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UN Decade of Ocean Science for Sustainable Development
24 Mar 2021
by Uwe Scherner

Thanks to his work at the expert institute bioConsult and his connection to the VBIO, our environmental officer Uwe Scherner had the opportunity to contribute to the marine light installation in Munich. Among other things, it was also his beautiful underwater photos that could be seen on the facade of the State Museum of Egyptian Art in Munich.

On the occasion of the beginning of the UN Decade of Ocean Research for Sustainable Development, the GeoBio-Center of the Ludwig Maximilians University of Munich (LMU), the Bavarian State Natural Science Collections, organized a joint campaign under the motto “Munich is there!” , Biosciences and Biomedicine in Germany e. V. - VBIO and the community of interests marine research south. The sea light projection is supported by the German Marine Foundation and the German Society for Marine Research.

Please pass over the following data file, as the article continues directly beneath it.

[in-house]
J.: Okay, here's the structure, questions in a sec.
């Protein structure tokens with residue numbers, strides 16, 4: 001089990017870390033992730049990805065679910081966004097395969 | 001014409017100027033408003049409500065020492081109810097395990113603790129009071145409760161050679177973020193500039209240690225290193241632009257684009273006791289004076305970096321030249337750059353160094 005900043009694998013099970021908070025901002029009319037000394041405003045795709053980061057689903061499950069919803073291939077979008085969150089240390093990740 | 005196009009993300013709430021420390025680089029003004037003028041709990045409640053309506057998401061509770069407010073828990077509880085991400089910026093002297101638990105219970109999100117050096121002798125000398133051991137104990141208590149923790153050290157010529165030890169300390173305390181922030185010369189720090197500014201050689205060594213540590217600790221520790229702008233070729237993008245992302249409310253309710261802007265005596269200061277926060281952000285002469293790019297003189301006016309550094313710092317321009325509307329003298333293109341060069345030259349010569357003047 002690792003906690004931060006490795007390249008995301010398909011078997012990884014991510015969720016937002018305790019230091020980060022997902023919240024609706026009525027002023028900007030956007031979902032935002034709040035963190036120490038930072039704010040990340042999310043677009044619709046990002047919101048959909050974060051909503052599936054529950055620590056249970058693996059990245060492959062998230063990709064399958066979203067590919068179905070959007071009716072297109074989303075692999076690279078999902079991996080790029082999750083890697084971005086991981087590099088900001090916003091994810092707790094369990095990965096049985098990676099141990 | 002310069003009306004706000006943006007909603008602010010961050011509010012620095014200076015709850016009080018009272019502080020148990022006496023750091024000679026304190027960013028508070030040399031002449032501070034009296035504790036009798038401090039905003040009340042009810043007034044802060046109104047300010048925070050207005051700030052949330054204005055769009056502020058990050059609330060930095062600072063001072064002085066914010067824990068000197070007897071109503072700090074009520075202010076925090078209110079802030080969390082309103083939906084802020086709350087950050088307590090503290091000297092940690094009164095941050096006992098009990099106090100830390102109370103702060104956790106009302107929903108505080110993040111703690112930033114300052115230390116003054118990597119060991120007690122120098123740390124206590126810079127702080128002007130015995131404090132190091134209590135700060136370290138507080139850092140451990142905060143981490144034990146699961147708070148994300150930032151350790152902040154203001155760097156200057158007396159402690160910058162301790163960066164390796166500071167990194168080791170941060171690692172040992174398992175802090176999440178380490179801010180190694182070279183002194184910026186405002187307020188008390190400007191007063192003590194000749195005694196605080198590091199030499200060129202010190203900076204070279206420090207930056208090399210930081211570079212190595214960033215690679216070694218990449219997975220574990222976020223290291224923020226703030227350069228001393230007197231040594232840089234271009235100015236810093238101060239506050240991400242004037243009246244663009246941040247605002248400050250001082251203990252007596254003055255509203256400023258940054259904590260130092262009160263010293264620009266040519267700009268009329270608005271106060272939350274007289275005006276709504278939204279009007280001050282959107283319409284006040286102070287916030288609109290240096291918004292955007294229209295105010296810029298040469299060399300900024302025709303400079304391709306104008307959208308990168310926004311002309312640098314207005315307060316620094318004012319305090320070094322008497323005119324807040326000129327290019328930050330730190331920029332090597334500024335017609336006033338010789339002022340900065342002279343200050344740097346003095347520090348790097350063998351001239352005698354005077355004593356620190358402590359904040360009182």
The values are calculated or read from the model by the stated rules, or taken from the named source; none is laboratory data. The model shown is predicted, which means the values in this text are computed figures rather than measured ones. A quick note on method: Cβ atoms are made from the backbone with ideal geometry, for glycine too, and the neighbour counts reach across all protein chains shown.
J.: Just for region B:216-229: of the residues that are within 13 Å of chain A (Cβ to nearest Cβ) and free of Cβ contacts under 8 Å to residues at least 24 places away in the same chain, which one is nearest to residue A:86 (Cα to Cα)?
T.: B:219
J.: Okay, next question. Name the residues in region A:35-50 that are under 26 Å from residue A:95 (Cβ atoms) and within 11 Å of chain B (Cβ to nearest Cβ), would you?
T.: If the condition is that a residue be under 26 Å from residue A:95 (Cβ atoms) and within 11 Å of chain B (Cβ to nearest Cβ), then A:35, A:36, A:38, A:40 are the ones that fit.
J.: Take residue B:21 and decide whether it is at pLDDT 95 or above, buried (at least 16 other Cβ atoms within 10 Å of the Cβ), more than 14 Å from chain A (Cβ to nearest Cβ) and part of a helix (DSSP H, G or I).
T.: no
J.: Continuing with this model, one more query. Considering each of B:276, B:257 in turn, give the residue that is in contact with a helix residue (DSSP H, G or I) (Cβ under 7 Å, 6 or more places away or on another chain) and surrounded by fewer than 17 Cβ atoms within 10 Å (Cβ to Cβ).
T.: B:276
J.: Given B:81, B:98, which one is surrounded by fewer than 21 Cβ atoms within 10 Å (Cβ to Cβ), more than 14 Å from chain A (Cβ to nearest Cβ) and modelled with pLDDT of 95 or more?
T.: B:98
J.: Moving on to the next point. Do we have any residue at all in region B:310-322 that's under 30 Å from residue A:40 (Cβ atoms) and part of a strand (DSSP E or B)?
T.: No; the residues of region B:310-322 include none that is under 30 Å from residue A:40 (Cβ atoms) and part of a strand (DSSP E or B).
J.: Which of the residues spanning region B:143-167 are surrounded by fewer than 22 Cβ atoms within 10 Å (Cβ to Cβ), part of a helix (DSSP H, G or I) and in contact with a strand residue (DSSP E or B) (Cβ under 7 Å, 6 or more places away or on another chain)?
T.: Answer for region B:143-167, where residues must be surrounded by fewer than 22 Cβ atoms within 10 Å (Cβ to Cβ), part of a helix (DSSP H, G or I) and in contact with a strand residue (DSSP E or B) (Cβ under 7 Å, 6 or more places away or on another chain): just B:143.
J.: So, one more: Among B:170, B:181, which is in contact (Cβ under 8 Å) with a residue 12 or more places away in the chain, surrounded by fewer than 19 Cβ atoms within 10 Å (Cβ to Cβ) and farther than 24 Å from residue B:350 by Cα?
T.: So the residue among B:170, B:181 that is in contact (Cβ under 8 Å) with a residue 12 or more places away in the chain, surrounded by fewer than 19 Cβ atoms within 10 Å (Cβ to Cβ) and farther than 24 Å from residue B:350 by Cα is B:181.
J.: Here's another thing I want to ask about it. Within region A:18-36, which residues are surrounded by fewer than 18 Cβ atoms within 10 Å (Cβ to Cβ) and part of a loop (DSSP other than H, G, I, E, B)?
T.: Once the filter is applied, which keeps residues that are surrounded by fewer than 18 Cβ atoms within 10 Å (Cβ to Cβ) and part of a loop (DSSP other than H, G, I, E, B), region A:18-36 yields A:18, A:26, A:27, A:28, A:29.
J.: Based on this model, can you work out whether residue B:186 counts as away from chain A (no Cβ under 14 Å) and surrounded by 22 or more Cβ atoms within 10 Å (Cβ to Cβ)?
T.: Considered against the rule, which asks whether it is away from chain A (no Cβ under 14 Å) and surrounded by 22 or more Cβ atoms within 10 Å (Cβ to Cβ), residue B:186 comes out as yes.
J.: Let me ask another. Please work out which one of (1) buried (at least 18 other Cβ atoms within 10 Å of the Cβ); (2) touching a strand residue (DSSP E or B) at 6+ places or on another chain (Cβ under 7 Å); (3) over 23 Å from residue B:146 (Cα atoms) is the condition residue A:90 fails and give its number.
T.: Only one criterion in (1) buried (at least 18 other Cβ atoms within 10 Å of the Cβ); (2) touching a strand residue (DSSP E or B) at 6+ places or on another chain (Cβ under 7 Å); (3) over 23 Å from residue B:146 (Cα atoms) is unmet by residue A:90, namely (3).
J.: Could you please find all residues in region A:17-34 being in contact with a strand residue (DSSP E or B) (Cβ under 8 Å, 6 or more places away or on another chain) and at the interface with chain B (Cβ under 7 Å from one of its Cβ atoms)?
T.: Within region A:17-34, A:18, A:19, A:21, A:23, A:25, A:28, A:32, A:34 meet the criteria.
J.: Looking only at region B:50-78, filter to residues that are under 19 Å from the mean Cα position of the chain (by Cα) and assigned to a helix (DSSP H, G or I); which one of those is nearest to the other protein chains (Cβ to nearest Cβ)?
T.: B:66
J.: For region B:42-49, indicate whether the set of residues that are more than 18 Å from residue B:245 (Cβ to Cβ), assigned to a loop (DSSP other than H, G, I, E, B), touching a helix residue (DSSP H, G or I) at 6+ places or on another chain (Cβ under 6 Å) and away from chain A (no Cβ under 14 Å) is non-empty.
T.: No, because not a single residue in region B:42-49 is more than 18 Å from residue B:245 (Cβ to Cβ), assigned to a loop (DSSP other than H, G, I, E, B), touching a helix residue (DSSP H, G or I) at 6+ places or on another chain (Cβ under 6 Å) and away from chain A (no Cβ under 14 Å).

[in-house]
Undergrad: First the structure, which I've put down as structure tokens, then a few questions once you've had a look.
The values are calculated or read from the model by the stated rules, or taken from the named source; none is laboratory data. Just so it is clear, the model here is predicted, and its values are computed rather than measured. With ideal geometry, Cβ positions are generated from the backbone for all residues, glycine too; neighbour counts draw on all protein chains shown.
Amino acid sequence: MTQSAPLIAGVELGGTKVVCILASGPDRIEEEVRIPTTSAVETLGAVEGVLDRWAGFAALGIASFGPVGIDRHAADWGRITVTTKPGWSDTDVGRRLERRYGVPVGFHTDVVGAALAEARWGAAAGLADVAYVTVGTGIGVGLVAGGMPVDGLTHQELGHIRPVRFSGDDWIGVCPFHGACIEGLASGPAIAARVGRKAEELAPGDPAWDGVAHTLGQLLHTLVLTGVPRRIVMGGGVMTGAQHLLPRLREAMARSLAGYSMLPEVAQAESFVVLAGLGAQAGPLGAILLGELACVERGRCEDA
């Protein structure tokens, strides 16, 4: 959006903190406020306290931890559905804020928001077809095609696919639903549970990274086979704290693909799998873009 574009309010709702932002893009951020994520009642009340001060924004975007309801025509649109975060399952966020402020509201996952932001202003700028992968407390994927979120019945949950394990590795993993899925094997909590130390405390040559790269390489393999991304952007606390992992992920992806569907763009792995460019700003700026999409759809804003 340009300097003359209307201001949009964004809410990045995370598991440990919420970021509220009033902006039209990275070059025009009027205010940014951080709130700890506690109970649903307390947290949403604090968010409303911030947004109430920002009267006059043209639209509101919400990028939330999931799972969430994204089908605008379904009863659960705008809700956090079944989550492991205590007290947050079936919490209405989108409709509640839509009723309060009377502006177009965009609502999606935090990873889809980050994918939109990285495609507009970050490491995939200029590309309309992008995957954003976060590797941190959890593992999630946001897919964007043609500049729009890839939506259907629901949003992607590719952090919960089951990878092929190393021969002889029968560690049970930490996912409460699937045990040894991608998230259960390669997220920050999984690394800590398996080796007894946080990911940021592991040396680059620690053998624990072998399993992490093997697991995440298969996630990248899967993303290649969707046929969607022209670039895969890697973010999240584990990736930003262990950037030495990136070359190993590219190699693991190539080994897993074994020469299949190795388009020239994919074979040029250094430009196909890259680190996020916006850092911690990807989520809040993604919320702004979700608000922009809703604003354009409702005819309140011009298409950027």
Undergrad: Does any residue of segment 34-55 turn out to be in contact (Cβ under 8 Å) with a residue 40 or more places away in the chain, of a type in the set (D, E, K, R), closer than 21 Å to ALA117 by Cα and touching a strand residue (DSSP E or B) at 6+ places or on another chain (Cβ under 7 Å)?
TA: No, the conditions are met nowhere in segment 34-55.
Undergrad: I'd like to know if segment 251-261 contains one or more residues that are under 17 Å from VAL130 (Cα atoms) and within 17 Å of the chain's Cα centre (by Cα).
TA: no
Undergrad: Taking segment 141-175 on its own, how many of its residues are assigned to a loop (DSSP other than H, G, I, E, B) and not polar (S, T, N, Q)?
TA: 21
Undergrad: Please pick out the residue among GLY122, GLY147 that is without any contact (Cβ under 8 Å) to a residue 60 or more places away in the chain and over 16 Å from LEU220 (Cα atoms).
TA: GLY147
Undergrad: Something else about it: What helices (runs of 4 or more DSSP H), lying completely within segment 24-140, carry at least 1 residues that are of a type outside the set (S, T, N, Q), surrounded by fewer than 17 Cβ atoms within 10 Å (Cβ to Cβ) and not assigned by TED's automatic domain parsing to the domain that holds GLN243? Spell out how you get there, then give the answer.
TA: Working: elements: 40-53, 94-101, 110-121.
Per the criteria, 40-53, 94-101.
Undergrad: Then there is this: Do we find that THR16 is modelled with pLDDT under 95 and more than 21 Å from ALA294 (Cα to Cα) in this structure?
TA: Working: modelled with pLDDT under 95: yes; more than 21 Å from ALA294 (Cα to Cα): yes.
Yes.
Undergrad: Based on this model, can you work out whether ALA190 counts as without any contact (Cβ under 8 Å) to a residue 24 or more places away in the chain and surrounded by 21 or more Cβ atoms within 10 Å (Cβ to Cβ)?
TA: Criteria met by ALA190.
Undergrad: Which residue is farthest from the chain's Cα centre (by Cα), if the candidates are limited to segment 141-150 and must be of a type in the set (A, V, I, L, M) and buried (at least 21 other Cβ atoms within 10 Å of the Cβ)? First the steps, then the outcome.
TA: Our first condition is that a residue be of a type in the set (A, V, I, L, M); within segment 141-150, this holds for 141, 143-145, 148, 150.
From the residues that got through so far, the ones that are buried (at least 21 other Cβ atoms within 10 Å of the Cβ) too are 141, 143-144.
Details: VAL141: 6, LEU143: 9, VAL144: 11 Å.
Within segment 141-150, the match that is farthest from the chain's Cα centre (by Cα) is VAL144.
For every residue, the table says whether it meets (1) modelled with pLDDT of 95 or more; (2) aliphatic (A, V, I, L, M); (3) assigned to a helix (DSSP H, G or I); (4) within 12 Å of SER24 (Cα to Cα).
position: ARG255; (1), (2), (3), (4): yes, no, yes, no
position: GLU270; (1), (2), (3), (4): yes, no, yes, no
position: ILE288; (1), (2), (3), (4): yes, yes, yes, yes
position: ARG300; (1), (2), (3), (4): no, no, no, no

At the turn of the year, the United Nations proclaimed the Decade of Ocean Research for Sustainable Development, which runs until December 31, 2030. Its motto is "The research we need - for the ocean we want". The importance of the oceans, which cover two thirds of the earth's surface, for the life and survival of mankind is emphasized. The focus is on comprehensive and sustainable ocean research to ensure clean and sustainable oceans.

In a streamed accompanying program, experts from science, environmental protection, business and politics had their say, including Prof. Gert Wörheide (spokesman for the GeoBio-Center of the Ludwig Maximilians University in Munich). In an interview with LMU about the video installation in Munich, Prof. Wörheide explains the importance and background of the ocean decade. “Due to (...) global warming, the oceans (...) are increasingly changing. Fish migrate from the tropics and thus interrupt a food chain that many populous countries urgently need. Coral reefs - the most species-rich habitat in the sea - are globally threatened with extinction due to the so-called coral bleaching caused by increased sea surface temperatures, ”said Prof. Wörheide. “It doesn't look good for the ocean of the future, but to this day we don't know exactly what will happen next. That is why we need as much maritime research as possible in order to recognize the change in the ocean as a habitat and to learn how we can use and manage it and the organisms that live there in a sustainable manner. "

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Photos courtesy of Peter Niesslbeck.